control. That seemed to be the thing to do, right? Set more rules, do more
policing. You know what? More policing sucks. It takes one chunk of the smart
people and turns them into cops. And it takes the remaining smart people and
turns them into children. One group gets control, the other loses control. Less
real work gets done. Control, it turns out, is not the answer. Freedom is.


Finding Freedom


I first read about a Results Only Work
Environment (ROWE) years ago, when Best Buy was pioneering it. It sounded
awesome: People work where they want, when they want, so long as the work
gets done. Work Utopia! But, like many Work Utopia readings, it lost my
attention. Best Buy is a big, big company. Ripple is a small one. So it was
hard to figure out how such a system might translate to me.


Hard to figure out how until last year when I was
speaking with my friend Craig, whom I know through Entrepreneur's Organization
(EO). He said that his company, Matchstic, was a ROWE. His 10-person company
was a ROWE, and it was working. I had to dig deeper, so I talked to Craig for
hours. I had him come in and talk to my team, and we all read the book, Why
Work Sucks. Three months later, Ripple was a ROWE.


The Freedom of Freedom


What does it mean to be a ROWE? Well, in a ROWE,
people are responsible for themselves, their teams, and their results. Goals
are set together, but tactics are largely left to individuals and teams. There
is no babysitting. People and teams are judged by their outcomes (this is both
easier and harder than I thought it would be). At Ripple results are things
like how many service cases get closed. How happy clients report that they are.
Sales numbers. Results Only. Pretty much the way you want to be judged,
right? Well, there's a good reason for that: It's how everyone wants to be


The Hard Part


Here is the hardest part about a ROWE: Figuring
out what constitutes acceptable results. But we should have been doing that
anyways. In a traditional work environment things like working long hours,
being at your desk, and watching your time are proxies for results. Terrible
proxies. Plenty of people can show up everyday and turn in lousy results. Ripple
was using those proxies because we didn't have the discipline – or the courage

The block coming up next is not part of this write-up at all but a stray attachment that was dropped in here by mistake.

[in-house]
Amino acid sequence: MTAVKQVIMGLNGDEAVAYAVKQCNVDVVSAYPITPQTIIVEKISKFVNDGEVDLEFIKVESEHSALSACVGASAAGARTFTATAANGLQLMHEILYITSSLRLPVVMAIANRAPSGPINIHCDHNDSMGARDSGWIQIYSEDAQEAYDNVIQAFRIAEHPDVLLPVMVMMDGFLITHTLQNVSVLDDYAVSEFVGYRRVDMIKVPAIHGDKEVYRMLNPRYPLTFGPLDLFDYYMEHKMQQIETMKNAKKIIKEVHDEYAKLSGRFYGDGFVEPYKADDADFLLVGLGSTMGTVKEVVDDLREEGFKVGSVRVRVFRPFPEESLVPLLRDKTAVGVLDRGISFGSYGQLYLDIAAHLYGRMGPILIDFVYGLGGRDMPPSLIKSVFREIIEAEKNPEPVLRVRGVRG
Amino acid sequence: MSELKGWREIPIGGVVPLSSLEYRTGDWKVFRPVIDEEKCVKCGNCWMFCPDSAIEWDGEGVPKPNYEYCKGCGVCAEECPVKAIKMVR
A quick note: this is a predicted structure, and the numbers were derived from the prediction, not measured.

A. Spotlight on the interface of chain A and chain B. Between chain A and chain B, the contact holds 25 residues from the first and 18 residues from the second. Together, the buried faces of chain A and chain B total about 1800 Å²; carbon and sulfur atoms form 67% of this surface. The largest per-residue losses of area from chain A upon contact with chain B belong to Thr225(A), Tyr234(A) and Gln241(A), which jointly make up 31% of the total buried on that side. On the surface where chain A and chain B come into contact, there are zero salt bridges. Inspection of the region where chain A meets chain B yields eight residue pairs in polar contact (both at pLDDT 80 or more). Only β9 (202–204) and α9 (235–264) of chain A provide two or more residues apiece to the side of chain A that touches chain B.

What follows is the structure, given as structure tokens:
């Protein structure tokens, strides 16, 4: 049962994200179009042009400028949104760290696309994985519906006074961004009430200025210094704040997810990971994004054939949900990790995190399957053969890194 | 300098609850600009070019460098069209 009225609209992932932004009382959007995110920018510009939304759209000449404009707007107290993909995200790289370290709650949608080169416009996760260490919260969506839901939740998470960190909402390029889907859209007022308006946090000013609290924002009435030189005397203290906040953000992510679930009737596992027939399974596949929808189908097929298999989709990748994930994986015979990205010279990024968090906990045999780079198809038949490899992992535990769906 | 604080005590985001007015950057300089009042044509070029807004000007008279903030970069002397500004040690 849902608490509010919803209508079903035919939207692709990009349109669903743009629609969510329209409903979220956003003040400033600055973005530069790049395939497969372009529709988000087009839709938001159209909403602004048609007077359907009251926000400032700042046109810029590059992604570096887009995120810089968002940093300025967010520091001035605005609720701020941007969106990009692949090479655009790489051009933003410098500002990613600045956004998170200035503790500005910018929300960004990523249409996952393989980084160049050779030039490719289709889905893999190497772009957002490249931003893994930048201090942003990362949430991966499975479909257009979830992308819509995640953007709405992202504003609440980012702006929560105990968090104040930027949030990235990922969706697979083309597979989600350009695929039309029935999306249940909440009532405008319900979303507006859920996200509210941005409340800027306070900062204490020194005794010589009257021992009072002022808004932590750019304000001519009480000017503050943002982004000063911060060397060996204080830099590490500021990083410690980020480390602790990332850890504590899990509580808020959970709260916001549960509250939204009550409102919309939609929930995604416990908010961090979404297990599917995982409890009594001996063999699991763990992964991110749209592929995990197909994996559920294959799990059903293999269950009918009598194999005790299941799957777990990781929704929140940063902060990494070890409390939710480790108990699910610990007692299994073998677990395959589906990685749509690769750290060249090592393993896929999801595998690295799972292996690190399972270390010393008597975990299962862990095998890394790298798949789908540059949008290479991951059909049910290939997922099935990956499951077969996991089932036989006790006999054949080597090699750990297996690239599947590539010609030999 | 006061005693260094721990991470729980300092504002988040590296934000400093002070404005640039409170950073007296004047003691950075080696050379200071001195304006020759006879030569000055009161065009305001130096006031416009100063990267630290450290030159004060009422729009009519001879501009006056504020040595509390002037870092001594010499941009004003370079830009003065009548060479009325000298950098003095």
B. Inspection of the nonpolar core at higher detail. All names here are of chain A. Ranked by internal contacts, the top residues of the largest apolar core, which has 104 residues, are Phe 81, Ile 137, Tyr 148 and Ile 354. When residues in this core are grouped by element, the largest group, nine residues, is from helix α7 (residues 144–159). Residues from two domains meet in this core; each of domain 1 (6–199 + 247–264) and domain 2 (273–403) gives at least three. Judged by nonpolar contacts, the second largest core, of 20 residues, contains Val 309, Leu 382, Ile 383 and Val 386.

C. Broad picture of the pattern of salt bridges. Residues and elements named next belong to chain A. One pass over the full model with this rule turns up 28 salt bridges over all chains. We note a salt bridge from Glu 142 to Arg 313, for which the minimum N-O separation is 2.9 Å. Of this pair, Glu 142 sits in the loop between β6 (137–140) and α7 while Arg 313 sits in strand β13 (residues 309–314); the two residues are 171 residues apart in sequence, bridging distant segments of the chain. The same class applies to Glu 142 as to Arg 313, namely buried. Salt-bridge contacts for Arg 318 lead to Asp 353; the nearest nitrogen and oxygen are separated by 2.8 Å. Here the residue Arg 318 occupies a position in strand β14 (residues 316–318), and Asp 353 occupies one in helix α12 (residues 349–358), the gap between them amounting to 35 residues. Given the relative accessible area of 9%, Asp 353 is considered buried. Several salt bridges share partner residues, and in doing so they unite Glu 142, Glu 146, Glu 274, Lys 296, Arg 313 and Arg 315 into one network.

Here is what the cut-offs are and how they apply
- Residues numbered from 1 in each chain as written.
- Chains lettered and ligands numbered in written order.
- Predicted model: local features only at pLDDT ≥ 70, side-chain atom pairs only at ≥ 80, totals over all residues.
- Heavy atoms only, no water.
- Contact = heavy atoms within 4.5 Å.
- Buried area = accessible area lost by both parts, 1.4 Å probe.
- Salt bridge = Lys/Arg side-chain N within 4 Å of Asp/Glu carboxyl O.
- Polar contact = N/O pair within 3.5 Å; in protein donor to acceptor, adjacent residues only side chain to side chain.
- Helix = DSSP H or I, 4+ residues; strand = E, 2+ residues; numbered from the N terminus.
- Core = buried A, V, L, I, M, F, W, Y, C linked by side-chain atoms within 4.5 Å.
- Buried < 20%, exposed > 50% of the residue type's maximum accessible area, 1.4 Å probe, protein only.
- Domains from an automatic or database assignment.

– to let results speak for themselves.


The Best Part


We are very new to ROWE, but the resulting
freedoms – for people, innovations, and management – have already
buried themselves in the culture. Management policing is nearly gone for the
simple fact that no one at Ripple is going to let a poor performer screw-up a
marvelously free work environment. Here's a result that makes it all
worthwhile: I spend 50% less time managing people and enforcing rules, leaving
me me free to think about other things. Like how to grow my businesses.

The new winners are not always the old winners.

This is one of the more interesting takes on the music industry I have seen in print, from Topspin CEO Ian Rogers.

It's a reminder that just because the old guard loses, that doesn't mean there is an industry in duress.

Insert whatever industry you want into this paradigm. The US auto industry, typesetters, buggy whips, boxed software, railroads, long distance. The music industry is thriving. It's just that the money is going elsewhere.

My favorite blurb:

"The lamenting we read in the press is not the story of the new music business. Continuing to talk about the health of the music industry on these terms is as if we’d all been crying about the dying cassette business in 1995. The difference is that when we moved from cassette to CD the winners were the same (big companies who owned access to cash, distribution, and marketing) and the definition of winning was the same (more units sold for these big companies)."

WiFi as public charity

Remember when your Pets.com stock raced down from $60 to $2 and you didn’t sell? That was a bad idea. You regret that, because it was wildly overvalued even at $2 and deep down you knew better. But the Fallacy of Sunk Costs consumed you, and you were determined to make something of your investment. We all know how that story ends (mine ends with a big basket of Webvan).

Well, that’s what is about to happen in Philadelphia, where the Mother-of-All-Bubbles, Municipal WiFi, is going to be attempted once again. When that project is done, hopefully the mayor will turn his attention to more pressing citywide issues, like the distribution of free Betamax to every taxpayer.

This will either fail mightily, or become a very large pubic works project.